It’s been a big day for Catholic news, especially the kind favoured by Catholic nerds and anoraks like me, with the release of the long expected Instruction for the Motu Proprio Summorum pontificum. (The Church’s penchant for snappy titles means it’s called the Instruction Universae ecclesiae). Reactions from both sides of the liturgical spectrum can be found here and here .
Archbishop Vincent Nichols addressed Universae ecclesiae in the press conference covering the biannual Bishops’ Conference meeting, drawing attention to paragraphs 13, 15 and 19 of the document: which respectively assert the bishop’s authority, define that enigmatic “stable group” and spell out that the Mass in the Extraordinary Form cannot be requested by people who are against validity or legitimacy of the ordinary form or who suggest the Pope is not the Church’s supreme pastor.
When asked whether seminaries in England and Wales would teach the Extraordinary form as is recommended by the Vatican document, Archbishop Nichols answered that this depended on the phrase “where pastoral need suggests it” and said the requirement was “provisional” not “absolute”. He added that the document was the product of a “process of consultation conducted by the Congregation for the Doctrine of the Faith in which every bishop around the world was asked, how this was going, and was asked to assess to the needs”. The diocese of Westminster, he continued, asked if any priests were willing to learn—and there were “plenty”—and therefore the needs were met.
He said: “Personally I don’t think it needs to be added to an already crowded seminary programme because it’s a skill that can be learned later in a priest’s life.”
Meanwhile there have been some interesting snippets of news for the local Church. As promised the Bishops have followed up their emphasis on Lent as the season of penitence by renewing emphasis on Friday penance. The practice, which was never abrogated—the faithful continue to have an obligation to do some sort of penance on Fridays—has fallen out of use since it was changed from abstinence from meat to any sort of penance. So the bishops hope to remind the faithful about their obligation by restoring the tradition of Friday fish days, to begin on September 16 in commemoration of the Holy Father’s visit last year. This certainly seemed to delight the mainstream hacks at the press conference.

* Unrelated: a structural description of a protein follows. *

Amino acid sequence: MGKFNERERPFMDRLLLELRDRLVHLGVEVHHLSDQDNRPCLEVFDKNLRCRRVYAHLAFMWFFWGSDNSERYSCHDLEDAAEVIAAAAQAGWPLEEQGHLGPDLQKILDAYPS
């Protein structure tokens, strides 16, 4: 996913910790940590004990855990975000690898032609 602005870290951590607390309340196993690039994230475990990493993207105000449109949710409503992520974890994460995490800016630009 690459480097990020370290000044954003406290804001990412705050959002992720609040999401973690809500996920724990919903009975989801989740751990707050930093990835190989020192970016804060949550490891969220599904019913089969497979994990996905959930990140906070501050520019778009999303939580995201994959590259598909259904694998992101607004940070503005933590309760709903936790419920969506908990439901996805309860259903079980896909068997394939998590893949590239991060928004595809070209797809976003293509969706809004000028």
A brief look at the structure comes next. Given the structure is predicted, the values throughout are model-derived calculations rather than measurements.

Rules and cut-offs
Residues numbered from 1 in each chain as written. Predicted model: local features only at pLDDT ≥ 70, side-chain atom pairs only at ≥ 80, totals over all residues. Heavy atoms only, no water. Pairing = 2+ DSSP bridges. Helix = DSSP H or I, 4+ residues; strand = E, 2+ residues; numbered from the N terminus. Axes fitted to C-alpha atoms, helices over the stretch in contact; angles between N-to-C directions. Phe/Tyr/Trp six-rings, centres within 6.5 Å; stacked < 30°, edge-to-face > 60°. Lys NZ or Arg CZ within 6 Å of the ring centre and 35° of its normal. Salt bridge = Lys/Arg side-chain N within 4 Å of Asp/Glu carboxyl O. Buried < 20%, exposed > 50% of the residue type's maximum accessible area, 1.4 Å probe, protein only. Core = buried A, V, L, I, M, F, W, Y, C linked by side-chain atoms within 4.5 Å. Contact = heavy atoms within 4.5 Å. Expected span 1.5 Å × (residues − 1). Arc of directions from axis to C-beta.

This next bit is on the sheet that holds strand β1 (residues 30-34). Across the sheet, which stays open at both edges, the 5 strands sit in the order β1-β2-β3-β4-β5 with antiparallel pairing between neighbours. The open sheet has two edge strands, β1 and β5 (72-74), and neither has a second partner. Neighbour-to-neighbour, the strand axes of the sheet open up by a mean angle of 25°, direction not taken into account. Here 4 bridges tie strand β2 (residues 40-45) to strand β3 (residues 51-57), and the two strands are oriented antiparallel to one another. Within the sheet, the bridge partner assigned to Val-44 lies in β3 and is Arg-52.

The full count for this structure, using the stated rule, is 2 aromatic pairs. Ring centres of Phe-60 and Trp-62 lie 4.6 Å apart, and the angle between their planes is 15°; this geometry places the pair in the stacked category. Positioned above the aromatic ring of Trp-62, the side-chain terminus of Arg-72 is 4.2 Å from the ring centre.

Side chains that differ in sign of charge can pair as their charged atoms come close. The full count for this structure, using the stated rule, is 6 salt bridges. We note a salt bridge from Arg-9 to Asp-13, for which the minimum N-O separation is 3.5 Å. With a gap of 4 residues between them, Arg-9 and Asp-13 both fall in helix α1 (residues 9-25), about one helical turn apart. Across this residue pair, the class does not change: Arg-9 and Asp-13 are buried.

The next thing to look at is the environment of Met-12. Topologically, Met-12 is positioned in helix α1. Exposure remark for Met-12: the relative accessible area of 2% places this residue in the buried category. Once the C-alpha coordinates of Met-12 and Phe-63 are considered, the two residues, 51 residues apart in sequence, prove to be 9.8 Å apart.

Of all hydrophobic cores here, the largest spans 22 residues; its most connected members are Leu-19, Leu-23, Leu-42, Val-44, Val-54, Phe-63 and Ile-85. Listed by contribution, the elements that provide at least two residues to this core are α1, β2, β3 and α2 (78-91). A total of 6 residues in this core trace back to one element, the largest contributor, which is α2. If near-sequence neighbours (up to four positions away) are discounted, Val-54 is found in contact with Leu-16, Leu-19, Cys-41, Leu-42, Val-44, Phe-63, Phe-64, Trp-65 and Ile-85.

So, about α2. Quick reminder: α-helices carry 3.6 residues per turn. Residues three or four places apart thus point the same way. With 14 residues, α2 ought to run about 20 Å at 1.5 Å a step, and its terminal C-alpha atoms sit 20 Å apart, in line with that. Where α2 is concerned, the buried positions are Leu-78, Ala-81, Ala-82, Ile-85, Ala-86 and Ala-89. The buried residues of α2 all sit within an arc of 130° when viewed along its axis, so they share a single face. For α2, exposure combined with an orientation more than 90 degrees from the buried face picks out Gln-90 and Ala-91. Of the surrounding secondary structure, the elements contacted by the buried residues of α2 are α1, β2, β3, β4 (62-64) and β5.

Catholics in this country, who have bemoaned the feasts and Holy Days which have been transferred to the Sunday, will be pleased to learn that this was a topic of discussion during the bishops’ plenary meeting. According to Archbishop Nichols, the bishops discussed the merits of celebrating on the Sunday—allowing more people to take part in the celebration—or on the actual feast which allowed for the rhythm of the life of the Church. No body was pleased when the feasts were moved. Now it seems that bishops are going back to their dioceses to “reflect” on the merits of returning the celebration of the Feast of the Epiphany and Ascension back to their proper days in the liturgical calendar. There is hope.
Another interesting aspect of the meeting was the General Secretary Fr Marcus Stock’s plan for the Bishops’ Conference. Looking at the Church documents which define the purpose of a bishops’ conference and the Holy Father’s talks during his visit to Britain, Fr Stock has listed the principle purposes and core objectives of such a structure. The bishops have agreed on the three priorities he has set “Proclaiming the universal call to holiness in Christ by promoting a culture of vocation in the Church”, “Proclaiming the coming of the Kingdom by supporting integrity in public life, cohesion and mutual respect in society and serving the marginalised an vulnerable people and lastly “Proclaiming Christ and his Gospel as saving truth by fostering and encouraging a culture of dialogue and solidarity”. Fr Stock has been tasked with now creating a practical framework, one which looks at the actual existing structures at Eccleston Square and examines whether they are fit for purpose. He will then propose budgets, allocate funding, set concrete targets and so on for the next three to five years at the November plenary session.
While the objectives are quite nebuolous at the moment it will be interesting to see how this develops. It appears to be the first time the bishops’ conference has gone about planning its objectives in such a structured and organised way. This is something to watch out for and could be very good.
It was Mgr Keith Newton’s first meeting of the Bishops’ Conference as the leader of the Personal Ordinariate of Our Lady of Walsingham and he had to give the first report of the plenary session. He’s very British and funny about the situation. They still haven’t got a principal Church and are still looking to house all the clergy but he remains optimistic.
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